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Irish College Stores Energy From Wind Turbine

July 17, 2013 By Linda Hardesty

Dundalk collegeCALMAC installed its IceBank energy storage tanks at the Dundalk Institute of Technology (DkIT) in Ireland.

A large commercial on-campus wind turbine creates energy for the making of ice, which is then stored in the tanks. The next day, the ice is melted to cool the historic PJ Carroll building when it is full of occupants and the outside temperatures are at their highest and demand for electricity is peaking.

In 2012 alone, the wind turbine equipped with energy storage was able to produce 1,440 MWh, 79 percent of which was consumed by the university with the remaining sold back to the grid. The turbine generates 40 percent of the campus’ electrical energy requirements.

Originally built in the late 1960’s as a cigarette factory, the 191,000-sq-foot PJ Carroll Building is considered one of the finest examples of Miesien architecture in Europe. Approximately 118,000-square-feet of the facility were remodeled in 2010 as part of a college expansion project, which included the incorporation of CALMAC’s IceBank energy storage technology.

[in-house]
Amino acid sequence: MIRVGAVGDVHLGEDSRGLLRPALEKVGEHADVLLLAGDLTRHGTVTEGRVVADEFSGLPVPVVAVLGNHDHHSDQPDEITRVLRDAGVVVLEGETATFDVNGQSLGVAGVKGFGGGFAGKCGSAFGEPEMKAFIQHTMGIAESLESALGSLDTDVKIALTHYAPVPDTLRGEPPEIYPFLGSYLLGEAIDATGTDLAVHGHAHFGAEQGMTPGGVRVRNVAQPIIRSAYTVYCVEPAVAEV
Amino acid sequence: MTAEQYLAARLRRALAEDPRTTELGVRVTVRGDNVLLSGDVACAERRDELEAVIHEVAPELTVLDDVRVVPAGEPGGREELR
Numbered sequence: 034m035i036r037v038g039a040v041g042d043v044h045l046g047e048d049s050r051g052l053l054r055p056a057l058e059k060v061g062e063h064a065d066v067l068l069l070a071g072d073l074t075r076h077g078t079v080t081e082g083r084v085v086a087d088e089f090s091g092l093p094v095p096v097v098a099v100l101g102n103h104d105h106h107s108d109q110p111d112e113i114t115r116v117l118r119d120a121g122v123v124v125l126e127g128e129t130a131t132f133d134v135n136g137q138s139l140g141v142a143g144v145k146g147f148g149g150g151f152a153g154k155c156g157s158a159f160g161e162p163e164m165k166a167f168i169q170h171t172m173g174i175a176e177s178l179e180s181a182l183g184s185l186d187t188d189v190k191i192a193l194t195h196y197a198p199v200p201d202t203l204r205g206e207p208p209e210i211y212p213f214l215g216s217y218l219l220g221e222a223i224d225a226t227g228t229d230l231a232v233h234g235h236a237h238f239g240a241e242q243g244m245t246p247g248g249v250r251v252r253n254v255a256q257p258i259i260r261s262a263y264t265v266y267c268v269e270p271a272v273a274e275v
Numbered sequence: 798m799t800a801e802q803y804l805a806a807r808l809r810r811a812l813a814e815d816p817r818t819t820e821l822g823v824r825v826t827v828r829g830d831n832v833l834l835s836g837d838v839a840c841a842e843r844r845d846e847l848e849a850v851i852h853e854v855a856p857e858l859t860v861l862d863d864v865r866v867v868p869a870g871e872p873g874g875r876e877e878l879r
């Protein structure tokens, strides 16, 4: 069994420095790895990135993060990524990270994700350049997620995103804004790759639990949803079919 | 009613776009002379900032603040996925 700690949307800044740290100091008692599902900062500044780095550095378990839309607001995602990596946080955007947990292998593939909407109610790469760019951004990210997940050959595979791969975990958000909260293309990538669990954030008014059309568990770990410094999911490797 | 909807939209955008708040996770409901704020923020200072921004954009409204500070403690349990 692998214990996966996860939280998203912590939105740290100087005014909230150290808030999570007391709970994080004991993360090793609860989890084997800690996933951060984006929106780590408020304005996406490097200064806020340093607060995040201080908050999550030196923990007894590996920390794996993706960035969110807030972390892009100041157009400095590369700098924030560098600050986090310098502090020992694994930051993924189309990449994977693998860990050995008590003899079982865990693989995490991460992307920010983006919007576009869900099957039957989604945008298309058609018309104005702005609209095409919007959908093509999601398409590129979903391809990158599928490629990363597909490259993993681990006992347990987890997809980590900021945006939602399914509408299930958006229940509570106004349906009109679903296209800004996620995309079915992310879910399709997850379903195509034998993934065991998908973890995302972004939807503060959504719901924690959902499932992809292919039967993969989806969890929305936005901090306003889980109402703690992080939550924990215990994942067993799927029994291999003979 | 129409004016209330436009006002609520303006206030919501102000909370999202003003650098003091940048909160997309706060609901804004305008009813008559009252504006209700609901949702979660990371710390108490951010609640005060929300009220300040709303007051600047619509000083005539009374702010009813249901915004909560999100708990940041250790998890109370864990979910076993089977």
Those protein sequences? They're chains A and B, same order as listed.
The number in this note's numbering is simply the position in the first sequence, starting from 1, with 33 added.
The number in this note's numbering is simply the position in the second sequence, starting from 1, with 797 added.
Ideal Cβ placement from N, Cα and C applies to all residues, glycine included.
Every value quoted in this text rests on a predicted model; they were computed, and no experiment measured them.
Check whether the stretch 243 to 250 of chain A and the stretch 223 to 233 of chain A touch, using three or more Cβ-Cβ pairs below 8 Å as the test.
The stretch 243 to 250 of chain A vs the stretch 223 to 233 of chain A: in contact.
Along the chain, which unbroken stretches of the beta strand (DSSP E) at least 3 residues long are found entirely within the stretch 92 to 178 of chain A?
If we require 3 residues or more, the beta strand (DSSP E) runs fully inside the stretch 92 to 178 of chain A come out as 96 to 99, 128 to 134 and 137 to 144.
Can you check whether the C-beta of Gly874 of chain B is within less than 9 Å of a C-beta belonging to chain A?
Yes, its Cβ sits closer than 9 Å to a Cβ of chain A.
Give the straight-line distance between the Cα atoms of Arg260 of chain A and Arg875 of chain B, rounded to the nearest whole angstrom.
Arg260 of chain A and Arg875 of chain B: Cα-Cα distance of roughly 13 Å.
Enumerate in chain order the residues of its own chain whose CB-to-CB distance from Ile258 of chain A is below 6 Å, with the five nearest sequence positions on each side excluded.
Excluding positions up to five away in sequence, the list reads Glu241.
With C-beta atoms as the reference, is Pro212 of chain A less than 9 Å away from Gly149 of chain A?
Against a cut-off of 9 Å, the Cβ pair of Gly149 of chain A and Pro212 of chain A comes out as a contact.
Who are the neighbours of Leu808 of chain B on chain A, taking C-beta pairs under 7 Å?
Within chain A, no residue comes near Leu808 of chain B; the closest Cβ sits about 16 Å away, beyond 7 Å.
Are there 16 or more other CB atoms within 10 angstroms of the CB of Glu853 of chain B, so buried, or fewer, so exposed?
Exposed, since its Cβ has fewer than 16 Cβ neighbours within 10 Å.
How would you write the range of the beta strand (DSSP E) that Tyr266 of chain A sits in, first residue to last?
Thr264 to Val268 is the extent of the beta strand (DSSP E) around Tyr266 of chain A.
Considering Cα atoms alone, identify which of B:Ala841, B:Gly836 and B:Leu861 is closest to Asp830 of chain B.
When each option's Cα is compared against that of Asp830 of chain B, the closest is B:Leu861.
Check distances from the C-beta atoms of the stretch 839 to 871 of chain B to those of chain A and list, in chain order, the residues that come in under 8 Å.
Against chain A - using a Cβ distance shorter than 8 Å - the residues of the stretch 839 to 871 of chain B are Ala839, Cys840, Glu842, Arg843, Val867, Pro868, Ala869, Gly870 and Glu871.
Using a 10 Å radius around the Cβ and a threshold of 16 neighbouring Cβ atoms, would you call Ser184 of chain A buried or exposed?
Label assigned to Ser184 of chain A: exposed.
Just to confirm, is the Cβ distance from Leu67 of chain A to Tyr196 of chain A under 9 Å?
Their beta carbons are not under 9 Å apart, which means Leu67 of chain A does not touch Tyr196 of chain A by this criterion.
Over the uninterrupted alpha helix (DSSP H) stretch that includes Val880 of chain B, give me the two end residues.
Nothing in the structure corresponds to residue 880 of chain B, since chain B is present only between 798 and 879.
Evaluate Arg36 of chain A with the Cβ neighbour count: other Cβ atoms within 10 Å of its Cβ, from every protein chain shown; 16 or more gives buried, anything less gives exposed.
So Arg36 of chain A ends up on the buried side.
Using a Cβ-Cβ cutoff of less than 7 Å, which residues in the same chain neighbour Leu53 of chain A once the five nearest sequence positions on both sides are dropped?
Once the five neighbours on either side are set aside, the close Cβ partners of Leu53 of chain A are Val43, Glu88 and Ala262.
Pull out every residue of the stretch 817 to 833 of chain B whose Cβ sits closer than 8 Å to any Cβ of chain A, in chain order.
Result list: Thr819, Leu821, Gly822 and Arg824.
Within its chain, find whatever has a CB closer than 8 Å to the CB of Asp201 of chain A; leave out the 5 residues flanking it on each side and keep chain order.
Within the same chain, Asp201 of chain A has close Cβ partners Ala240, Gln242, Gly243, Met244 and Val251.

The tanks make more efficient use of the variable supply of wind energy. With the wind turbine and storage technology, DkIT has smoothed its electricity grid demand profile by shifting a portion of the PJ Carroll Building’s demand from on-peak to off-peak times, allowing more renewable wind energy to be used on site.



2 comments on “Irish College Stores Energy From Wind Turbine

  1. Given Dundalk has about 300 cooling degree days, and 2000 heating degree days, what does the Calmac system do for 10 months of the year? Does it have any heat storage function, or only cold storage?

    • Also, Irish peak demand, even in mid summer is between 17:00 and 19:00, not in the 14:00 to 17:00 when cooling has peak load.

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